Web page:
MOSCOW, December 26 (Alexey Eremenko, RIA Novosti) – Moscow students on strike to protest the merger of their college plastered the premises with portraits of President Vladimir Putin in an attempt to repel possible police attacks, a strike organizer said on Wednesday.
“Riot police are known to crack down on protesters who do not represent a threat, we hope this will make them think twice,” Ivan Mironov, a nationalist champion who teaches history at the Russian State University of Trade and Economics (RSUTE), told RIA Novosti.
Several busloads of police were deployed at the university while students blocked the entrances by barricades and human chains on Wednesday, but no violence took place.
The students also appealed to the head of the Russian Orthodox Church, Patriarch Kirill for protection; although as of Wednesday evening he had not responded.
The ongoing standoff has been called the first – but likely not the last – aftereffect of the government’s latest attempt to overhaul the Russian higher education system, notoriously inefficient and bloated, and often accused of corruption.
In November, the Education and Science Ministry published a list of 136 higher education establishments across the nation that were deemed “inefficient” and slated for revamp, closure or merger.
The RSUTE – which failed to make the top 100 Russian colleges in a 2012 rating by respected weekly Expert – was to be one of the first mergers, joining with the Plekhanov Russian University of Economics (24th in the same ranking) by 2014.
But about 400 of RTUSE’s 70,000 students went on strike last Wednesday in protest, refusing to leave the building – they spent the night on college grounds singing songs and playing Counter-Strike.
The college administration endorsed their protest, issuing a statement opposing the merger. Three RTUSE professors declared a hunger strike on Tuesday. The protesters said they feared that the merger would mean tuition hikes, mass expulsions and sackings among the teaching staff.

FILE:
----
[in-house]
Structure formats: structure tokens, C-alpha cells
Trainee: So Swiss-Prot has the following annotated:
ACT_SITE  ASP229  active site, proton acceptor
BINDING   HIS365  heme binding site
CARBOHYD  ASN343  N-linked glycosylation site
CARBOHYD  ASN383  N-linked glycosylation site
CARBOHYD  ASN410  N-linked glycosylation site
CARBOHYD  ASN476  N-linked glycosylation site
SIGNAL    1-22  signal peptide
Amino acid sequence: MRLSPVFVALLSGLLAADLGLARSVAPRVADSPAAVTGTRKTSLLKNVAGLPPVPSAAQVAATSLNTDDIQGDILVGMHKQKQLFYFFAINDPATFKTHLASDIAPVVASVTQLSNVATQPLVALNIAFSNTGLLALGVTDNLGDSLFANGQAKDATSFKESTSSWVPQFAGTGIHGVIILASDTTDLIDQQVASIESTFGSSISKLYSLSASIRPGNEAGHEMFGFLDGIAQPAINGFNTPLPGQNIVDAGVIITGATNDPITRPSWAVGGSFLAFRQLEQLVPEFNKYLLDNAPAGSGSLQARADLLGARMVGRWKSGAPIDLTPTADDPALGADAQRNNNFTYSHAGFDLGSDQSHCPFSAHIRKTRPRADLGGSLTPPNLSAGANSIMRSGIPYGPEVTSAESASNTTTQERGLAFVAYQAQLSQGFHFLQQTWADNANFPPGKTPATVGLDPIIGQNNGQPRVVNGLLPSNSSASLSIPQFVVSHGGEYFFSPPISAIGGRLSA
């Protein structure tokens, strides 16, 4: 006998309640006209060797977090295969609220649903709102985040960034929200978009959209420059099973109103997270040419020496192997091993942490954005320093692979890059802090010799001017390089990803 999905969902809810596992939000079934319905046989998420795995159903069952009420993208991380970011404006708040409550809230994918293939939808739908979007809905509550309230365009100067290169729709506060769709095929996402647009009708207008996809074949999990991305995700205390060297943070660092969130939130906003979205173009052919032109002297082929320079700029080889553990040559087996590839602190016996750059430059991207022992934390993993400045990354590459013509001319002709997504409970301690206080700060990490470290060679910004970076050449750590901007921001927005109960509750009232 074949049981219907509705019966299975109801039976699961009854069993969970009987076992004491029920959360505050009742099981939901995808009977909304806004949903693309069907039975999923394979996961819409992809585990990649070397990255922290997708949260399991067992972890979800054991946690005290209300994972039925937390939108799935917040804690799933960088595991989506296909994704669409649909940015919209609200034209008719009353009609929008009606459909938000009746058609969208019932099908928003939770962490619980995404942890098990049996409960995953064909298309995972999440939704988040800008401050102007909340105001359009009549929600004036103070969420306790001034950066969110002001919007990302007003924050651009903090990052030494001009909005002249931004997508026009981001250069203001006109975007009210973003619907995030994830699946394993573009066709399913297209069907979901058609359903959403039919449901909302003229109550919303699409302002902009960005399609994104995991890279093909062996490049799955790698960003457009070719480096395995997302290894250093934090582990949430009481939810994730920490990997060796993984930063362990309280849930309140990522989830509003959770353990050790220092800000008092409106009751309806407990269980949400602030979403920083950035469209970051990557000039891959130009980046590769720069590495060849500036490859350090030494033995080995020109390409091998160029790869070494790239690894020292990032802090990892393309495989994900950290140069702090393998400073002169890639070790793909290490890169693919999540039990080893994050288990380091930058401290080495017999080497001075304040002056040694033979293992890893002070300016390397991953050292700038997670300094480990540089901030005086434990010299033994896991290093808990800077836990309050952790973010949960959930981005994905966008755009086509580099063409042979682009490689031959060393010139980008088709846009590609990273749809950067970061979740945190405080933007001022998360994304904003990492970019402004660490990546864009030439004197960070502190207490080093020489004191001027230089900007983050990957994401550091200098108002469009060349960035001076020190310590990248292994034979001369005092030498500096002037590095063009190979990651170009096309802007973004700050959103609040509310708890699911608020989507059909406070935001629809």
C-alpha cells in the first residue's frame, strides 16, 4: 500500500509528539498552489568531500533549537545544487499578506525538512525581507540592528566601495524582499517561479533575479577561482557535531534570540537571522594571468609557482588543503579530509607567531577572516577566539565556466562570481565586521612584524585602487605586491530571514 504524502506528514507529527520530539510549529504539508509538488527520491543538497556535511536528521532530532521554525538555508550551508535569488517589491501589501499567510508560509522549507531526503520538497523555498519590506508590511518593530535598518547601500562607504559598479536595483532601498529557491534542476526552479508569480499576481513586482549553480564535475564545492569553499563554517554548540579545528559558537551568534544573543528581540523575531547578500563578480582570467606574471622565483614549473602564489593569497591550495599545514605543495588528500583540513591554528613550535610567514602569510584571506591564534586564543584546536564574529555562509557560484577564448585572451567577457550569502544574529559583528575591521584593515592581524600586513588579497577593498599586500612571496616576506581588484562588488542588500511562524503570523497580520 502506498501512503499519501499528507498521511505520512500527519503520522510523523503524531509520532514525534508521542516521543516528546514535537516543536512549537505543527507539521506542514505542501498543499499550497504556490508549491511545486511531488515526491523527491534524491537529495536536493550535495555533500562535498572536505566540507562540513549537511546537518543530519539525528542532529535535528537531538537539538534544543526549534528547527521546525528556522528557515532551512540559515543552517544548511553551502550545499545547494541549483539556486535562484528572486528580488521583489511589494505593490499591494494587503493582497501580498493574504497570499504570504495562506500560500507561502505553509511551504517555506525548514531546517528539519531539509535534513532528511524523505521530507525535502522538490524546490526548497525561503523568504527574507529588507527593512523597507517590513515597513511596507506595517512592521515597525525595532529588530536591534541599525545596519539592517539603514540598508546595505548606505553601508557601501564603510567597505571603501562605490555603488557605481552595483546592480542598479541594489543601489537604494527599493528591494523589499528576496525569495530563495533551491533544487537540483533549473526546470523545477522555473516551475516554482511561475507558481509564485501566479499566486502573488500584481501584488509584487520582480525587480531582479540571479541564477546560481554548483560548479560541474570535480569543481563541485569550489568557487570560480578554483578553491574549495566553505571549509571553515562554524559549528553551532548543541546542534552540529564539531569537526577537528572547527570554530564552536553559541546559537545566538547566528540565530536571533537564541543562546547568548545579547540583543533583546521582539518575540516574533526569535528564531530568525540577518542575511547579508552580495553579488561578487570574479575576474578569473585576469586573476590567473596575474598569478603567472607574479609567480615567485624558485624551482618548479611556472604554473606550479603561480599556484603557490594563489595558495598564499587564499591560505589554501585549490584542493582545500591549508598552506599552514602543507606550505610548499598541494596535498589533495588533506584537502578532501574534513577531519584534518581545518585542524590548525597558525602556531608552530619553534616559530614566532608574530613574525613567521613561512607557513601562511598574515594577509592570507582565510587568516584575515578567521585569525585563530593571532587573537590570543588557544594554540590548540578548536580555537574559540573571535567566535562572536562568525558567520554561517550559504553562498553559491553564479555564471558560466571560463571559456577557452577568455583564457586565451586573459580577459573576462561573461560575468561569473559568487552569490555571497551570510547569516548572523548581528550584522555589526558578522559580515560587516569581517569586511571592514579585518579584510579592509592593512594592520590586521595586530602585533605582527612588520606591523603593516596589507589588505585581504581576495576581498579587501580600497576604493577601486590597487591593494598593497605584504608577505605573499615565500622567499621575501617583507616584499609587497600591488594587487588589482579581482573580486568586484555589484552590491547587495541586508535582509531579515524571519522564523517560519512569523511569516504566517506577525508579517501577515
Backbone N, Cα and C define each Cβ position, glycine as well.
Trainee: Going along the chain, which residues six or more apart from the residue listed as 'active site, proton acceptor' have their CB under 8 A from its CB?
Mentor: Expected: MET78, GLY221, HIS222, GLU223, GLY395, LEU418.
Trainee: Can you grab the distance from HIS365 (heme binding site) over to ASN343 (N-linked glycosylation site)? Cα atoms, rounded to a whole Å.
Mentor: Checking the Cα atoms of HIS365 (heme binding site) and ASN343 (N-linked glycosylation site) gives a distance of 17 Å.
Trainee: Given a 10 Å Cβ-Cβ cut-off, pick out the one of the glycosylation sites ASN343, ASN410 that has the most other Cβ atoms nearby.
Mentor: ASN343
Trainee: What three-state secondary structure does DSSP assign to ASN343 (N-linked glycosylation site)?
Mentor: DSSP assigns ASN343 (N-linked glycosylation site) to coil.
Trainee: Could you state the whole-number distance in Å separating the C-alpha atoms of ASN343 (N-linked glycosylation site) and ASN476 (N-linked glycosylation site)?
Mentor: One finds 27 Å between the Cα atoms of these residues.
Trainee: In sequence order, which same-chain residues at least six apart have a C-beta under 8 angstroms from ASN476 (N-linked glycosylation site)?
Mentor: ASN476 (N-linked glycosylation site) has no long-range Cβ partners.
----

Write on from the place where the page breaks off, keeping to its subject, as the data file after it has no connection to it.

Education and Science Minister Dmitry Livanov and Plekhanov University officials denied these rumors, but Mironov told RIA Novosti that the protesters did not believe them.
On Tuesday, the ministry also fired RTUSE head Sergei Baburin, who claimed the decision was unlawful. Baburin is better known as a nationalist politician who co-organized the Russian Marches, a series of annual ultranationalist rallies in Moscow frequented by neo-Nazis, among other participants.
His background did not discourage his political adversaries from helping the protesters: Leftist opposition leaders Sergei Udaltsov, Ilya Ponomaryov and Dmitry Gudkov dropped by the college last week in a show of solidarity.
Mironov denied the strike was in any way political. “We all have our own views, this is only natural. But we don’t bring them into the current protest,” he said. The student strike has been running for a week now, with no compromise in sight.
Russian students rarely strike to protect their rights, unlike their peers in the West. The Kremlin under Putin was also known for its aversion to unpopular measures that could trigger public protest.
At the same time, government officials have for years threatened to purge the Russian higher education system, which teems with low-quality colleges and “diploma mills.”
RTUSE was one “weak” college ripe for a revamp, said Irina Abalkina, a higher education expert who works at the Higher School of Economics, which took 5th place on Expert magazine’s ranking.
The students and teachers are likely protesting out of fear that they will fail to meet the Plekhanov University’s higher educational standards, she told RIA Novosti on Wednesday.
She added that she believed the ministry’s inefficiency list a “well-conceived” and “sensibly implemented” measure.